Webcast! Exploring Antarctic Dinosaurs with The Field Museum

During the 1990-91 austral summer, geologist David Elliot came across fossil bones on Mount Kirkpatrick in the Beardmore Glacier region of the Transantarctic Mountains in Antarctica at an altitude of ~4,000 m (13,000 ft) high and about 640 km (400 mi) from the South Pole. The team notified paleontologist Bill Hammer, who then excavated the fossil-bearing rock over a three week period. The excavated skeleton was eventually given the name Cryolophosaurus ellioti in an 1994 article in Science by Hammer and paleontologist William J. Hickerson. Two subsequent expeditions to Mount Kirkpatrick in 2003 and 2010-11 recovered yet more remains of Cryolophopsaurus, as well parts of three herbivorous dinosaurs.

Cryolophosaurus ellioti was a significant find. It was the first carnivorous dinosaur to be discovered in Antarctica and the first non-avian dinosaur from the continent to be officially named. It dates from the Early Jurassic Period, and is ~194 million years old.

At this point, at least a few of you are probably saying, “I didn’t know there used to be dinosaurs in Antarctica!” Anxious to learn more about the previous inhabitants of Earth’s southern-most continent? Well, you’re in luck.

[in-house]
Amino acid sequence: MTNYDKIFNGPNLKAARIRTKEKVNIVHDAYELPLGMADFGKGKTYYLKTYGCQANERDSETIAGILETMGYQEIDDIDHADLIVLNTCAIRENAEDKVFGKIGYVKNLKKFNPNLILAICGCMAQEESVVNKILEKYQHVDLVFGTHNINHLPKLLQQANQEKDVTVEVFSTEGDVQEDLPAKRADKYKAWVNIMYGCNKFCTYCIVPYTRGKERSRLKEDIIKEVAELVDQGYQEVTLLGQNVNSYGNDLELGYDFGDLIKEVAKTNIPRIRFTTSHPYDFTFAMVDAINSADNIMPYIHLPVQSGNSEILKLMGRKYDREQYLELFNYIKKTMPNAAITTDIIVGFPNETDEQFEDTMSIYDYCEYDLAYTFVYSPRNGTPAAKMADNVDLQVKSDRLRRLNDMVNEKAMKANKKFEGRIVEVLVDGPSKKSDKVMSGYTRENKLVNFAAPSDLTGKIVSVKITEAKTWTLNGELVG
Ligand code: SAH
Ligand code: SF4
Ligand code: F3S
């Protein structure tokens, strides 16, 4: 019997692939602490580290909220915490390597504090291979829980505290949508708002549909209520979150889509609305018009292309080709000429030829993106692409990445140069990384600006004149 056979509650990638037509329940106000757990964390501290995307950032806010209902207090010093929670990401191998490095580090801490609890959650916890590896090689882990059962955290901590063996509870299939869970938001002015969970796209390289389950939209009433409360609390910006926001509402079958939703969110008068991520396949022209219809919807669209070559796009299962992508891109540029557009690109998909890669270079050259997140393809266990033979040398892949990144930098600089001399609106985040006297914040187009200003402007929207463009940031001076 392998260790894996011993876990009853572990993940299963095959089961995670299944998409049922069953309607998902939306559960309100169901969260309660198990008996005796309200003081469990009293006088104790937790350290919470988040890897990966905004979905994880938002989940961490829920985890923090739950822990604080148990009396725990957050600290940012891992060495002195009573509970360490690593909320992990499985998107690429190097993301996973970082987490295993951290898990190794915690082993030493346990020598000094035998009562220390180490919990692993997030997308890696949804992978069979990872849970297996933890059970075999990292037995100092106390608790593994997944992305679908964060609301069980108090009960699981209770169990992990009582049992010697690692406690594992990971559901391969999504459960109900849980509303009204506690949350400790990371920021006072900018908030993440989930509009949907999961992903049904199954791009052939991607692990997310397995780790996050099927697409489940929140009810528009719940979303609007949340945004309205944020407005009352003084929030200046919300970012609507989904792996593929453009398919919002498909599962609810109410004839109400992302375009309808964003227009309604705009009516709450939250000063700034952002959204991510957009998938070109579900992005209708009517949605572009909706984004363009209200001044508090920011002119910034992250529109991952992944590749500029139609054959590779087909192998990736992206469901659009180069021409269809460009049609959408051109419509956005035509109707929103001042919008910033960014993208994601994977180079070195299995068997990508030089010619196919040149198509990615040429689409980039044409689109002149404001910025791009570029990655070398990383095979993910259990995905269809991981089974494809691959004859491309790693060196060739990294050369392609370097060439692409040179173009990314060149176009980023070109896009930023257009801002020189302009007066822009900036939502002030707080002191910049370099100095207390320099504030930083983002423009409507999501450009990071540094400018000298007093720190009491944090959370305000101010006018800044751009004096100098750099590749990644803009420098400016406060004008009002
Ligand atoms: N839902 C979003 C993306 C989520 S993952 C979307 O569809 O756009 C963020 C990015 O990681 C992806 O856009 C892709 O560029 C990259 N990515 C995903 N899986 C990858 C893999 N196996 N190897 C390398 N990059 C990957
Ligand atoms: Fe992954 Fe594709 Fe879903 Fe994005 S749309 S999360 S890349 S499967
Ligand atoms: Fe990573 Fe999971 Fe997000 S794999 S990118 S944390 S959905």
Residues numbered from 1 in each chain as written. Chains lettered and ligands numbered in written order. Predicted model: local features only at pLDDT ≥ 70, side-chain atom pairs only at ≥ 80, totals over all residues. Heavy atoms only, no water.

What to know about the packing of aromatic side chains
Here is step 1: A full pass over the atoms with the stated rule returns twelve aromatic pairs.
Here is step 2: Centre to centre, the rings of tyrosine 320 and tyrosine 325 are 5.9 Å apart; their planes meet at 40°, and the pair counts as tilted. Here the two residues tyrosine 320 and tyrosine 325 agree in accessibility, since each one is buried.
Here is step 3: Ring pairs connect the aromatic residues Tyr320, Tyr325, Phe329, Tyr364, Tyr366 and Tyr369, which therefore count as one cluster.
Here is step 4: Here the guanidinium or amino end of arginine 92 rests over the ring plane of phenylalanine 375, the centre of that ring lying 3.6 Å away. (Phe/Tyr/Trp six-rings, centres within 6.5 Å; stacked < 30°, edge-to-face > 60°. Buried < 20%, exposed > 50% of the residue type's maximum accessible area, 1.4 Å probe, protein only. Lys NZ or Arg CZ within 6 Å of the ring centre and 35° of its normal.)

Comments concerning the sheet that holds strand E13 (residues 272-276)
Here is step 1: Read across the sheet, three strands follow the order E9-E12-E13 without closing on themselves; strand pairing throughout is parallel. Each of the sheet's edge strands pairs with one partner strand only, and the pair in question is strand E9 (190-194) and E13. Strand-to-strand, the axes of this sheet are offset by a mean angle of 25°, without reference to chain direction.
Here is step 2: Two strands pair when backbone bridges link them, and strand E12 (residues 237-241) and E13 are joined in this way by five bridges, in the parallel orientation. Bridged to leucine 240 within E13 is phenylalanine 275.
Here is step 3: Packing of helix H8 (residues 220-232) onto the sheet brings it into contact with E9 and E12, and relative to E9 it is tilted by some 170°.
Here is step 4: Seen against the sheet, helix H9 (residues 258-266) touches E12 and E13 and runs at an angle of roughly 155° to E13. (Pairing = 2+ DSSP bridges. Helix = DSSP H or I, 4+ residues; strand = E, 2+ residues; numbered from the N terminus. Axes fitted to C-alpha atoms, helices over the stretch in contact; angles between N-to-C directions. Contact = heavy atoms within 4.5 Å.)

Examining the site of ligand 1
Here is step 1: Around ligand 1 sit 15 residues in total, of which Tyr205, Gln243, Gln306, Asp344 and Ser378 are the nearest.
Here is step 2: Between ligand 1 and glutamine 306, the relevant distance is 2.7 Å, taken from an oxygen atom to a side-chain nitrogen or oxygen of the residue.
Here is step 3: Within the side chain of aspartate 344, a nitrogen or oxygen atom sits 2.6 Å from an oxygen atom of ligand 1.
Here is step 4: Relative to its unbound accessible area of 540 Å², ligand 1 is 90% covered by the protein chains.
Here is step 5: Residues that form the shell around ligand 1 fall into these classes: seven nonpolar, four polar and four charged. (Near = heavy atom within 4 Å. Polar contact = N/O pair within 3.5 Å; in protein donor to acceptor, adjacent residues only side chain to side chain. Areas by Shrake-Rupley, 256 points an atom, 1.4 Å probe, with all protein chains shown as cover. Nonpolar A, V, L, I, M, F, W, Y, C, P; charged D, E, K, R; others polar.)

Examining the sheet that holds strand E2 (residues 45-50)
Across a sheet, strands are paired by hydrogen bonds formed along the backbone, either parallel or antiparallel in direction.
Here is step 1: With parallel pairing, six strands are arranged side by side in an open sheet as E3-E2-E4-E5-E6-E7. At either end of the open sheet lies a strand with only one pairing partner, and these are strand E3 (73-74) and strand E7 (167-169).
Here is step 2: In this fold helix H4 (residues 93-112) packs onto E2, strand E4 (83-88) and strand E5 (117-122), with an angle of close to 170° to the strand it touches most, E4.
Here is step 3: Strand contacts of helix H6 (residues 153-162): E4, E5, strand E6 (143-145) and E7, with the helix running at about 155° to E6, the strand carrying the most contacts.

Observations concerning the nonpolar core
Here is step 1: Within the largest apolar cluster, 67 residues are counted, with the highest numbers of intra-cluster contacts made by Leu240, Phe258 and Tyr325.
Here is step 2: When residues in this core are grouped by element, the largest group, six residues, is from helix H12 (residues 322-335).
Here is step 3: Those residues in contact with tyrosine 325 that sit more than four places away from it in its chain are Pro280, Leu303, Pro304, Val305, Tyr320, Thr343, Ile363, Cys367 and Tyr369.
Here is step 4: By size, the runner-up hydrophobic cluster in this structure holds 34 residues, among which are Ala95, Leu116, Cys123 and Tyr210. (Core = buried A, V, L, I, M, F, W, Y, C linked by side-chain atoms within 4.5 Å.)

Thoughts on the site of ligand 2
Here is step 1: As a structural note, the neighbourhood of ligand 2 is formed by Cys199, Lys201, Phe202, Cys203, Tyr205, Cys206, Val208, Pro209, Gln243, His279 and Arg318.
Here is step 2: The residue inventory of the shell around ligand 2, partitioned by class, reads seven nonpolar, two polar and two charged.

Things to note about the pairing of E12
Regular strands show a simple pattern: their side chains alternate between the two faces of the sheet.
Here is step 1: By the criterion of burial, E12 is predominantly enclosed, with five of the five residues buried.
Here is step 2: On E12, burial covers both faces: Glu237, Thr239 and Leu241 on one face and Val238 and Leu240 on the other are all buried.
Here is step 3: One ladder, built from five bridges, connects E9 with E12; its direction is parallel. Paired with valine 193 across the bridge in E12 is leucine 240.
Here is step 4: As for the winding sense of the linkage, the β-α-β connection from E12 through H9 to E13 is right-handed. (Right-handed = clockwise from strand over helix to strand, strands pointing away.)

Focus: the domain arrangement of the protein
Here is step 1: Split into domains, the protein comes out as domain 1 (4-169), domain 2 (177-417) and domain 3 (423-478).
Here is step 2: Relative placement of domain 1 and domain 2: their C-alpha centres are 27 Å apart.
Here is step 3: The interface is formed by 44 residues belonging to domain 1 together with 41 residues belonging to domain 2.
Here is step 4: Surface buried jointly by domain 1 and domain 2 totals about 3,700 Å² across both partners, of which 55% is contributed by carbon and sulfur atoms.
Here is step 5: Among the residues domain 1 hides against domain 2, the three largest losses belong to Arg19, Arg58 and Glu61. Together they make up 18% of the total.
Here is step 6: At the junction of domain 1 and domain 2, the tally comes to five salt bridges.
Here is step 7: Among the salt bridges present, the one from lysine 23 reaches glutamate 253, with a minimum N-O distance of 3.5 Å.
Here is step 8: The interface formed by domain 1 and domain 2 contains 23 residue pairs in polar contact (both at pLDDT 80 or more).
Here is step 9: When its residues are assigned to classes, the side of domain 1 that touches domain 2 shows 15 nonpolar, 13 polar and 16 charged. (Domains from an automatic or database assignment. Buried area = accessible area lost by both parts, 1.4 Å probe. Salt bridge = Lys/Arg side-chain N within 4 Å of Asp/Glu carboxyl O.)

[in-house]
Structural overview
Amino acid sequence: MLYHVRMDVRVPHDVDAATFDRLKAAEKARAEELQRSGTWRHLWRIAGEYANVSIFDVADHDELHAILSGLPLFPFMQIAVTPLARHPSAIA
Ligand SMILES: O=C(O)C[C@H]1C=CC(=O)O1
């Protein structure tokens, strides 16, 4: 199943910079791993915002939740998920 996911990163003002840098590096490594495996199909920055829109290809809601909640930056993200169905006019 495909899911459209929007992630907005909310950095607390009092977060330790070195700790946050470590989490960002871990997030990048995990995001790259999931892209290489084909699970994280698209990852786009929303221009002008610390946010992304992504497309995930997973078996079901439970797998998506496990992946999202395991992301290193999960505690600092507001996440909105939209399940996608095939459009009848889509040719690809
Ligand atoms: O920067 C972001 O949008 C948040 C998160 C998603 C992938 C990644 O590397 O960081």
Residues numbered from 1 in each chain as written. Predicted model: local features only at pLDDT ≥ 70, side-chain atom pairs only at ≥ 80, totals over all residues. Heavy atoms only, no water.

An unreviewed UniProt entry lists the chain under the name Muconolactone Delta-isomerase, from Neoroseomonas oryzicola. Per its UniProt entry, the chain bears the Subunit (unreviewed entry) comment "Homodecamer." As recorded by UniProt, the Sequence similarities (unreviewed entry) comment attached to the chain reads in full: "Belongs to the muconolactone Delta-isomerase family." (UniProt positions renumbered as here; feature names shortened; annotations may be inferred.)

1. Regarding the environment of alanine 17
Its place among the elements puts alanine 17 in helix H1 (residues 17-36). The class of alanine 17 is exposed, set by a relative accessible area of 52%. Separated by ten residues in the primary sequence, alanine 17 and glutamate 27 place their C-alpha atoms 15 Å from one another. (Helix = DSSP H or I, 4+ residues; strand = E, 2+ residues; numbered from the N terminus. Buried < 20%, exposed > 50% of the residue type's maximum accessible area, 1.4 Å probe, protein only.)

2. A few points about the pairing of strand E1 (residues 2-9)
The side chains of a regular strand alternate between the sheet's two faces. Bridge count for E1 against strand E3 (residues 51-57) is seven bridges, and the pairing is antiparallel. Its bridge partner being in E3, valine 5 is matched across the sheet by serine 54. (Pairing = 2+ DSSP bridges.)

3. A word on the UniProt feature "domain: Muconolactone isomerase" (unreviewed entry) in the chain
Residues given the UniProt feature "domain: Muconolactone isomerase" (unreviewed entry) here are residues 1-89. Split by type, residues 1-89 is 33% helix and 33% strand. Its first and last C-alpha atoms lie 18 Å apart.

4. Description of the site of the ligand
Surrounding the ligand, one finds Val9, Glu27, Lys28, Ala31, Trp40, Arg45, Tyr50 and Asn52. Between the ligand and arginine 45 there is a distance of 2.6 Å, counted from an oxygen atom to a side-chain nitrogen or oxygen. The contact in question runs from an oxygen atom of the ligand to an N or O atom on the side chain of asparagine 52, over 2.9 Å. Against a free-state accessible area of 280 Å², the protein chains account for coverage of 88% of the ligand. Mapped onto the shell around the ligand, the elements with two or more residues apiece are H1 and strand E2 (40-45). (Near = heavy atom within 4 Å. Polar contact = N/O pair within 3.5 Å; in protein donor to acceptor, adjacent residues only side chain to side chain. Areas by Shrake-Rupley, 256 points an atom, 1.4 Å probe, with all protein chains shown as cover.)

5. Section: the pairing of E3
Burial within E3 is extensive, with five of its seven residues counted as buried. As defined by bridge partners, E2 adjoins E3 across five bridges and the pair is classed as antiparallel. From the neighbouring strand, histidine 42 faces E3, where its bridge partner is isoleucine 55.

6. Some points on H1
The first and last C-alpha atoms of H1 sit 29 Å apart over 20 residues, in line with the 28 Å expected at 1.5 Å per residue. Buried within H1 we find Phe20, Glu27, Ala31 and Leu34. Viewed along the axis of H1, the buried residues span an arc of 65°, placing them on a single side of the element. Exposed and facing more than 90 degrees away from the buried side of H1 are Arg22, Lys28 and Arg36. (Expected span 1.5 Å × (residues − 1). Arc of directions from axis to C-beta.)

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On October 13, at 11am EST, The Field Museum hosted a live webcast with Dr. Peter J. Makovicky, Associate Curator of Dinosaurs at The Field Museum. Dr. Makovicky was interviewed by none other than Field’s Chief Curiosity Correspondent, Emily Graslie, whom you may recognize from her show The Brain Scoop.

Did you miss the live event? You can see the recording of it here: http://sml.fieldmuseum.org/sml/play/DigitalStudio/48-recording

Dr. Makovicky studies dinosaurian evolutionary history, and he has led expeditions to the western US, China, Argentina and Antarctica. Some of his recent work has focused on Antarctic dinosaurs. In 2007, he co-authored a paper with Dr. Hammer and Drs. Nathan Smith and Diego Pol, as well as lengthy treatment on Cryolophosaurus in the Zoological Journal of the Linnean Society. Smith and Pol named the only other known early Jurassic dinosaur from Antarctica, Glacialisaurus hammer, in 2007.

Follow our blog and #FossilStories on Twitter and Facebook all week for more great fossil fun and live webcasts. Check out the full webcast schedule below:

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Grace Costantino served as the Outreach and Communication Manager for the Biodiversity Heritage Library from 2014 to 2021. In this capacity, she developed and managed BHL's communication strategy, oversaw social media initiatives, and engaged with the public to excite audiences about the wealth of biodiversity heritage available in BHL. Prior to her role as Outreach and Communication Manager, Grace served as the Digital Collections Librarian for Smithsonian Libraries and as the Program Manager for BHL.